Among the many things that were spoken about throughout this World Cup was whether Virat Kohli can equal or even surpass Sachin Tendulkar’s ODI century record over the course of the tournament. Kohli’s tally stood at 47 before the start of the tournament and he ended up equalling Tendulkar’s all-time record of 49 during India’s group stage match against South Africa at the Eden Gardens. He then went on to surpass that, quite fittingly, at the Wankhede Stadium itself which had been Tendulkar’s home ground in domestic cricket. Tendulkar was present in the stands as well and Kohli’s century also helped India beat New Zealand by 70 runs and reach the final of a World Cup for the fourth time.
India batting great Sunil Gavaskar hailed Kohli’s seemingly ‘insatiable’ hunger for centuries. In addition to the 50 centuries in ODIs, Kohli also has 29 centuries in Test cricket and one in T20s. His career tally in international cricket thus stands at 80, which is the second highest for any player in the history of the game behind Tendulkar’s 100 centuries. In ODI century charts, Kohli is now the all-time highest while his longtime teammate and India captain Rohit Sharma is third after Tendulkar on 31.
“The next best (among active players) is Rohit Sharma with 31. So it just tells you the vast gap between him and the rest,” said Gavaskar on India Today. “People are run-hungry, he is century-hungry. And his hunger for centuries are insatiable and that is how it should be. Every batter worth his salt should put a minimum price of 100 against his name.”
Kohli had famously gone through a three-year period between 2019 and 2022 in which he couldn’t score any centuries and his wider form had also taken a hit in that period. However, his recovery from that started last year, scoring his first-ever T20I century and then breaking his droughts in ODI and Test cricket. He now seems to be back at his prolific best in ODIs and in this World Cup, Kohli broke the record for most runs scored by any batter in a single tournament. Kohli’s tally currently stands at 711, which beats the 673 that Tendulkar scored in the 2003 World Cup.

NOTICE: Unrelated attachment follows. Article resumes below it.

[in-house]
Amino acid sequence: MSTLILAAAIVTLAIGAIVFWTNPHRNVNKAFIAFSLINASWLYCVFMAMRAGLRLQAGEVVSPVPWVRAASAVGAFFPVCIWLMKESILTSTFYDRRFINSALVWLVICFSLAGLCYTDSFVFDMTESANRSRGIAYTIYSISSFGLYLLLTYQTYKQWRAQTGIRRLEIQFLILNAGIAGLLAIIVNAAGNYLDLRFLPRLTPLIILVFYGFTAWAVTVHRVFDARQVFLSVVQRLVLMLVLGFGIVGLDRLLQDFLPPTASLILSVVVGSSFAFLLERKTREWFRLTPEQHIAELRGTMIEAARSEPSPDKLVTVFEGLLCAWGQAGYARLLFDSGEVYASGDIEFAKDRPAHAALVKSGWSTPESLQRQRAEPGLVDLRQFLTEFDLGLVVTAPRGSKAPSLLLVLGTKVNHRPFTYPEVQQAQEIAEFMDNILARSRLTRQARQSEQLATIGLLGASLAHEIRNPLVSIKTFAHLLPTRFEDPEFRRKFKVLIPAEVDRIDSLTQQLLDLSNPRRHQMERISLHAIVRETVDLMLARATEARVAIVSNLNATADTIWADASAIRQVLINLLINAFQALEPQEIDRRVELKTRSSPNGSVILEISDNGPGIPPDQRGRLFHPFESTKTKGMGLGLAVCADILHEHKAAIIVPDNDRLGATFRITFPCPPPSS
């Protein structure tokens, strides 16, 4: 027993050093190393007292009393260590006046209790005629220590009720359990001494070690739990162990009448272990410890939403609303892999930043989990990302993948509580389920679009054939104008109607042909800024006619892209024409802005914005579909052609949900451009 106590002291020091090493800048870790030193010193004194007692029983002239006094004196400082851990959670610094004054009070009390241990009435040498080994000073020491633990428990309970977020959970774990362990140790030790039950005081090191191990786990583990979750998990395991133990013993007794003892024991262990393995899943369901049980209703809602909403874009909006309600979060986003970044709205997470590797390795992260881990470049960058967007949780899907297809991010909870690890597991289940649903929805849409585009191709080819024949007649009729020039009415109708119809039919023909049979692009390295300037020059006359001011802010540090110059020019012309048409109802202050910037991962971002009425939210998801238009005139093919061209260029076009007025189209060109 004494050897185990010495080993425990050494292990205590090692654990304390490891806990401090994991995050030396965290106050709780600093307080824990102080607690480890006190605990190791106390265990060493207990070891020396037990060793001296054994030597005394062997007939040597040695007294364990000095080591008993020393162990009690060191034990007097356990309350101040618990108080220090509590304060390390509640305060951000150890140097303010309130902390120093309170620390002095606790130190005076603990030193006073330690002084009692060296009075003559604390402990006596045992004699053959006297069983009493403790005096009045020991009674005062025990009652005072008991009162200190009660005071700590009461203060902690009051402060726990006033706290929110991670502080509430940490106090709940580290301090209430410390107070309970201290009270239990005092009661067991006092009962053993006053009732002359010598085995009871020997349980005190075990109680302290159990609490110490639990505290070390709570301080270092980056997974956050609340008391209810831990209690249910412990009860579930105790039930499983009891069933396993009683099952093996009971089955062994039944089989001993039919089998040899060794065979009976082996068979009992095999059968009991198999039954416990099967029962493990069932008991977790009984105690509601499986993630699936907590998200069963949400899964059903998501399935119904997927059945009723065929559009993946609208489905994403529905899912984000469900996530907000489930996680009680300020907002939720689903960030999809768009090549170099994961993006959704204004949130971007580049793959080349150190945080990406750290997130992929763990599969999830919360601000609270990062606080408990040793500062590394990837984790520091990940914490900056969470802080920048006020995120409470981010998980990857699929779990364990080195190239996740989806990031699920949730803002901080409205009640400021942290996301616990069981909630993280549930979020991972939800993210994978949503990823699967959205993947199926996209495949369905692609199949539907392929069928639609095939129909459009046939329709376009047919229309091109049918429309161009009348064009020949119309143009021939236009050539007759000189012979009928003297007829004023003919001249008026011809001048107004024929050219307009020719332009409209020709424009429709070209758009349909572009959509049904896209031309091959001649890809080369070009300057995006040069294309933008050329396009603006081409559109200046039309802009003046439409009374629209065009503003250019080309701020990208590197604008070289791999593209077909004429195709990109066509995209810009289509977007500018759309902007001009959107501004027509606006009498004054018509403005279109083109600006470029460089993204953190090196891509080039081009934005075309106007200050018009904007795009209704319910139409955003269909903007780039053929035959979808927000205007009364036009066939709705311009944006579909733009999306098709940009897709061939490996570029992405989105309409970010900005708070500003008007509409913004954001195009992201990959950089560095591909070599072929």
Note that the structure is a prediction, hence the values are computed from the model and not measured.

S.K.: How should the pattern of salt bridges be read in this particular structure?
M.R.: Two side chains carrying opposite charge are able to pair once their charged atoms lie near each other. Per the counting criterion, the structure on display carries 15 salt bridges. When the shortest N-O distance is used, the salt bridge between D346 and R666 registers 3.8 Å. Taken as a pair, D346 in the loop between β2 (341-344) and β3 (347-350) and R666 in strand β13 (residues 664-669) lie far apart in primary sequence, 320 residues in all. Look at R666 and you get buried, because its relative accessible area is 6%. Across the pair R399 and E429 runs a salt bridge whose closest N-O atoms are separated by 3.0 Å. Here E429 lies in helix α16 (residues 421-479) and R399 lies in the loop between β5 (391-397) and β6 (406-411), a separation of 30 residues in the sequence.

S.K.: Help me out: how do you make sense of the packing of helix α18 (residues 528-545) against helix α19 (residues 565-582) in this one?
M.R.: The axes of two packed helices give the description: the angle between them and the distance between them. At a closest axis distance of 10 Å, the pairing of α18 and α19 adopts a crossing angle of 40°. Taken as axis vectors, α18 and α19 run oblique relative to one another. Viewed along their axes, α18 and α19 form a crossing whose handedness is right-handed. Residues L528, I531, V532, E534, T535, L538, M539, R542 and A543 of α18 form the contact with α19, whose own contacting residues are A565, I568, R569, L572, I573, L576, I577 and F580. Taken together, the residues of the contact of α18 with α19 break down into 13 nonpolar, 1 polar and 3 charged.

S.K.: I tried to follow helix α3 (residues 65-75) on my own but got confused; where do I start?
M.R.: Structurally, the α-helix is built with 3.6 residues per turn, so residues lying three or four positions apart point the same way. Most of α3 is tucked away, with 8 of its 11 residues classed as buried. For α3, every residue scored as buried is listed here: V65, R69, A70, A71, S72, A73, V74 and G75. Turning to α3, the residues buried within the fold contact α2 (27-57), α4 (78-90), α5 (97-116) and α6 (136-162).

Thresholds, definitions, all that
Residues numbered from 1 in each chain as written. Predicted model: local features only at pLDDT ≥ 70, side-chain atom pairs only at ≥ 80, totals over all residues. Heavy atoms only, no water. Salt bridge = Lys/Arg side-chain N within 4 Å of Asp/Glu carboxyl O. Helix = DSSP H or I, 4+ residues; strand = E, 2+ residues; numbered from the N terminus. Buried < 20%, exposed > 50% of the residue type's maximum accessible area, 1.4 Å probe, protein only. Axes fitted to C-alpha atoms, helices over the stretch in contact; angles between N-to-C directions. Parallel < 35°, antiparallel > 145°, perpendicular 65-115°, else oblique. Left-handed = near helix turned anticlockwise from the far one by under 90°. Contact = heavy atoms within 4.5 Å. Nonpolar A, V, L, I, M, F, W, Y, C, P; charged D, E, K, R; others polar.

“That is what he is doing in every match. In this tournament itself, he could have got three more centuries. A couple of times he has gone past 50 and got out after that and so he has been in phenomenal form. And he has made every match count,” said Gavaskar.
‘Bowlers win you tournaments’
Kohli’s prolific form would be the highlight for most teams in World Cup campaigns over the years but in India’s case, it is only one of a number of aspects that have led to the team running through the tournament while hardly even being challenged. India have reached the finals after winning all their group games, which means that they are on a run of 10 consecutive wins and their bowling lineup of Jasprit Bumrah, Mohammed Siraj, Mohammed Shami, Kuldeep Yadav, Ravindra Jadeja and Hardik Pandya before he got injured terrorising batting lineups.
“Very special and they are all different. Bumrah comes in with an action that is not in the coaching books but just so effective. Now he has added the outswinger to his repertoire which makes it even more difficult to score off him. Then the straight seam bowling of Mohammed Shami, the accuracy and pace with which he bowls. And then, the big heart of Mohammed Siraj. That has really kept the opposition batters on tenterhooks. Yes there will the odd partnership but they have been the ones who have come back and struck when that happens. And in the middle overs, you have Ravindra Jadeja and Kuldeep Yadav not just stopping runs but taking wickets as well and setting the opposition back. It really has been an attack to remember. Generally in a tournament batters might win you the matches, as we saw with Maxwell. But it is the bowlers who will win you the tournaments,” said Gavaskar.